You may be familiar with the expression "improper equipment" because private attorneys often plea-bargain violations such as speeding, running red lights, passing improperly, and other moving violations down to this charge, as it will not result in any points on a person's driving record, and accordingly, not affect the cost of their insurance premiums.

Q: What is the difference between contested and uncontested divorce?
In one succinct sentence, time, money, and aggravation. Uncontested divorce is a process that Harbinson, Brzykcy & Corbett can see through on your behalf, typically in less than two months. It will save you an enormous amount of money, both on legal fees and court costs. Even if both parties do not agree on every aspect of matters such as division of marital assets, child custody, and child support, an uncontested divorce may be granted, with the unsettled issues to be decided by a judge at a later date.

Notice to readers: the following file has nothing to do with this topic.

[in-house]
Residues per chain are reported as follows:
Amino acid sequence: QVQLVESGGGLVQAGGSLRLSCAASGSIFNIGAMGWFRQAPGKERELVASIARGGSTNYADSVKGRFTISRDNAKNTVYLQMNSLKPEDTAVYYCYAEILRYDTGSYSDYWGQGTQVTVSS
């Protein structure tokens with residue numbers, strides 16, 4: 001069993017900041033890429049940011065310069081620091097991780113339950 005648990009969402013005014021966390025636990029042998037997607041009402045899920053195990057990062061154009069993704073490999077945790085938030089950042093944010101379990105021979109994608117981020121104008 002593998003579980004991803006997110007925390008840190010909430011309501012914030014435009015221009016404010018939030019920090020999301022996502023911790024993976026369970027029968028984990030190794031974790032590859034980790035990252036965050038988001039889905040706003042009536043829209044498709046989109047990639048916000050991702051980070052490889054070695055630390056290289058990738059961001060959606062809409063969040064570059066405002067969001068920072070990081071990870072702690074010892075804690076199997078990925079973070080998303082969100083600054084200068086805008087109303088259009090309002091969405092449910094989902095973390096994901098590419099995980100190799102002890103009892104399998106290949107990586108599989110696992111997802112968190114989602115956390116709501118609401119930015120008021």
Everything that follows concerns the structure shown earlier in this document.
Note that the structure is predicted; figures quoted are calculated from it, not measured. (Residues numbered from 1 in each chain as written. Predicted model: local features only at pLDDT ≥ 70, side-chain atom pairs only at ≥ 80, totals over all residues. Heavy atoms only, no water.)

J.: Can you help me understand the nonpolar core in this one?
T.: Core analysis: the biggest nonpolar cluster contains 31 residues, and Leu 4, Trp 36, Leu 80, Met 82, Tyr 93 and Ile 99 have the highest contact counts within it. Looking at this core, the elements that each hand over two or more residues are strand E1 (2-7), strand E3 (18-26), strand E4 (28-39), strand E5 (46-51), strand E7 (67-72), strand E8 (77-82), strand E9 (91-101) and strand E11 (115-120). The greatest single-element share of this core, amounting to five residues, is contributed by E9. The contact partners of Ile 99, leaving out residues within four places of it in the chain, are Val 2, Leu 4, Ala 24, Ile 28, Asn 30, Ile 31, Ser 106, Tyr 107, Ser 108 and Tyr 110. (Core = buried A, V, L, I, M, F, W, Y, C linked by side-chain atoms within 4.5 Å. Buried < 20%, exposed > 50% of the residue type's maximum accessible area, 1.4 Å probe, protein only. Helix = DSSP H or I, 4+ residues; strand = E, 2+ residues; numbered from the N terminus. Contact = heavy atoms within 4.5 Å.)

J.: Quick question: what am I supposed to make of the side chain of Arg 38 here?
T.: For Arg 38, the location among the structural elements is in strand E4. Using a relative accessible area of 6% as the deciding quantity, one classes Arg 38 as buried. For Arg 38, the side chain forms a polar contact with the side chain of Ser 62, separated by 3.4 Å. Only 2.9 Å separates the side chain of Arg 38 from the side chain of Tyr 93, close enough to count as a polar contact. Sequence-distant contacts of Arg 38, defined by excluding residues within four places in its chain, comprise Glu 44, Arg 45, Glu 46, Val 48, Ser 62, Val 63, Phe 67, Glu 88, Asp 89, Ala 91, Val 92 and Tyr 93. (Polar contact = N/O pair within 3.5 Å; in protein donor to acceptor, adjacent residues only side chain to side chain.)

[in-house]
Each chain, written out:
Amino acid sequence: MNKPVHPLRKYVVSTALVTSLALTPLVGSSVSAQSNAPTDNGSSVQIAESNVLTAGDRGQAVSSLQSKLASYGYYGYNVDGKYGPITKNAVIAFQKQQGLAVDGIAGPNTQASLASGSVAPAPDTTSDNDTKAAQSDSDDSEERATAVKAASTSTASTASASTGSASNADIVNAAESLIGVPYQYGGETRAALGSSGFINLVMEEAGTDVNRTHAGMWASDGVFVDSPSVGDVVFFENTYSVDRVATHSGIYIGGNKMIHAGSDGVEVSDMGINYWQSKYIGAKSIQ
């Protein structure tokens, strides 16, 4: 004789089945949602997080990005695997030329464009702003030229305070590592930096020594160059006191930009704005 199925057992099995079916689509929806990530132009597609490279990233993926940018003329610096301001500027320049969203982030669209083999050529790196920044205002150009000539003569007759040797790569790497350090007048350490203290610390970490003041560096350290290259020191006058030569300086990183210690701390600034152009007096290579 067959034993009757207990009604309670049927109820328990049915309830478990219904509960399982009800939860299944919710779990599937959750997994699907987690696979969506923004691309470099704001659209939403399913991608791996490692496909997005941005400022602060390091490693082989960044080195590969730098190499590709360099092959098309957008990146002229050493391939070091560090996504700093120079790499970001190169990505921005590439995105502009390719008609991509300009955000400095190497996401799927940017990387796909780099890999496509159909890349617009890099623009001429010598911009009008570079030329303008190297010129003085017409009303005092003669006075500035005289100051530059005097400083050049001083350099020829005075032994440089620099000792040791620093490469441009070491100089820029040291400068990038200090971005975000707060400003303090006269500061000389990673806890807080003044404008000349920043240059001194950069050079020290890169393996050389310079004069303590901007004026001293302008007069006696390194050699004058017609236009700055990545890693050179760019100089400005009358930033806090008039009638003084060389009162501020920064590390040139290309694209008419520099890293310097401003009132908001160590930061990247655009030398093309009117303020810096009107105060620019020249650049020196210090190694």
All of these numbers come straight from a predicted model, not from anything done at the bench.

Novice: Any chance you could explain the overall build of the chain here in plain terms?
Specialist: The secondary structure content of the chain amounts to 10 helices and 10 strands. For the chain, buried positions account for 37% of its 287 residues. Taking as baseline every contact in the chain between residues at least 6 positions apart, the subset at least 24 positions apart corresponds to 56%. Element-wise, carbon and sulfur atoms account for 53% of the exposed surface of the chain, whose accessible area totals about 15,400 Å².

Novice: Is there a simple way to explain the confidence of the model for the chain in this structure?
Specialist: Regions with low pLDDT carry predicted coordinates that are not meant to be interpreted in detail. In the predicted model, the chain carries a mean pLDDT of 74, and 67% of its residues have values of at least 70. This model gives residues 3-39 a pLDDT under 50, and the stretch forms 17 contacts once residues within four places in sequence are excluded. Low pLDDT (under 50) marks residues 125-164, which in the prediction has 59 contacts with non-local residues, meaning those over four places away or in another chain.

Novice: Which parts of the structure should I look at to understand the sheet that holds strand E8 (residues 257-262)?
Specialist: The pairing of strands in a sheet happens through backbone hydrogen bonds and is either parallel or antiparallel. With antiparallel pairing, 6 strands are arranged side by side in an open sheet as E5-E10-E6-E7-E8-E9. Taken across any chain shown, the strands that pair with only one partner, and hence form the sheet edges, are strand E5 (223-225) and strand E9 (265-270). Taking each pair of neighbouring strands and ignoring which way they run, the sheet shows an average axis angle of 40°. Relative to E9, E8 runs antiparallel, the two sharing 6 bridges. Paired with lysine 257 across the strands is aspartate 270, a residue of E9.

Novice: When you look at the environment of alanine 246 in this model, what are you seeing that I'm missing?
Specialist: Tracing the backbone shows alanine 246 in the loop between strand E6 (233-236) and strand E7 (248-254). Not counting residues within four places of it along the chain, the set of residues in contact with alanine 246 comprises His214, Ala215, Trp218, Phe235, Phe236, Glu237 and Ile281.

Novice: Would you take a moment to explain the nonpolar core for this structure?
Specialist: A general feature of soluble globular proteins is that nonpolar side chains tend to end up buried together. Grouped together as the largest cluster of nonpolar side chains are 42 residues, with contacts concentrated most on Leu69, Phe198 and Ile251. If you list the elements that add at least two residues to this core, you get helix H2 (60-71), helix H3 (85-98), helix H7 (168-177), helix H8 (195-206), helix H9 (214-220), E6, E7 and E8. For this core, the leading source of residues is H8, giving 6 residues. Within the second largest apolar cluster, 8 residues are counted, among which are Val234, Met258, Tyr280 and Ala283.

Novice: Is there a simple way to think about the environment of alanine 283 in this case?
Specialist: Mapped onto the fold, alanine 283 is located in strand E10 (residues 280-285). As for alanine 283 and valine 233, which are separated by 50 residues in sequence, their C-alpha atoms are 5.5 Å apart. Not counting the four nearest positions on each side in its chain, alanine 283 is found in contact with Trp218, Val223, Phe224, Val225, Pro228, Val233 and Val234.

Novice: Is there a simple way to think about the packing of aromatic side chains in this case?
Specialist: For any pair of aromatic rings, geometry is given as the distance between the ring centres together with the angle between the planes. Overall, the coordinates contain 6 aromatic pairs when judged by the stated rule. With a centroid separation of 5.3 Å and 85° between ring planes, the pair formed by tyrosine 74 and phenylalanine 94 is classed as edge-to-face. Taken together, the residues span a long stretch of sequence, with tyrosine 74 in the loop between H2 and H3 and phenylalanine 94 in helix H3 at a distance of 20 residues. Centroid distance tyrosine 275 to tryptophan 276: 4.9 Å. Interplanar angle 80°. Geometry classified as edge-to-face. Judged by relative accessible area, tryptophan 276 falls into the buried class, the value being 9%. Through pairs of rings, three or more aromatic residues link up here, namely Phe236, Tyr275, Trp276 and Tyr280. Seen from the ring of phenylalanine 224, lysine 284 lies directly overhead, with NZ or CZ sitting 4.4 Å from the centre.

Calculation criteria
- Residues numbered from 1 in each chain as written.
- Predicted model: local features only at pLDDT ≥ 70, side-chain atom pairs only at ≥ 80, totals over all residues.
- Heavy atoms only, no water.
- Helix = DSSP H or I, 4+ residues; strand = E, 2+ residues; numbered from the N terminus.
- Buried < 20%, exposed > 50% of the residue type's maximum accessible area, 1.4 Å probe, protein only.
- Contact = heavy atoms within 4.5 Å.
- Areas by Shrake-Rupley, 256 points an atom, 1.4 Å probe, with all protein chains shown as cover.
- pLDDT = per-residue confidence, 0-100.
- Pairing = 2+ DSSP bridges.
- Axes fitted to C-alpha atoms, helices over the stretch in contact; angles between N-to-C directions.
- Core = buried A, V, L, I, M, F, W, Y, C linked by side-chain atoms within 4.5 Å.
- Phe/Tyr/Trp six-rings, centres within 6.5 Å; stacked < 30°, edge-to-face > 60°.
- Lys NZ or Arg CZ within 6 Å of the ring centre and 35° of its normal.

Uncontested divorces only require that the spouses have been separated for a period one year and both have been residents of North Carolina for the previous six months. Contested divorces have been known to drag on for years with legal fees for both spouses reaching life-altering sums. That is to say nothing of the emotional and psychological toll contested divorces can have on the children of fighting parents.

Q: How will the marital property be divided upon divorce?
North Carolina recognizes the doctrine that marital assets should be divided equally between divorcing spouses. The matter, however, is not that cut-and-dry. There are special circumstances under which judges in the state will allow one ex-spouse to receive more than half of the marital property.

For this to happen, the party that petitions for a greater share must prove a valid and convincing reason. Two common examples of such reasons are the need for children to remain in the marital home with one spouse and the fact that one spouse maintains a much higher level of income than the other.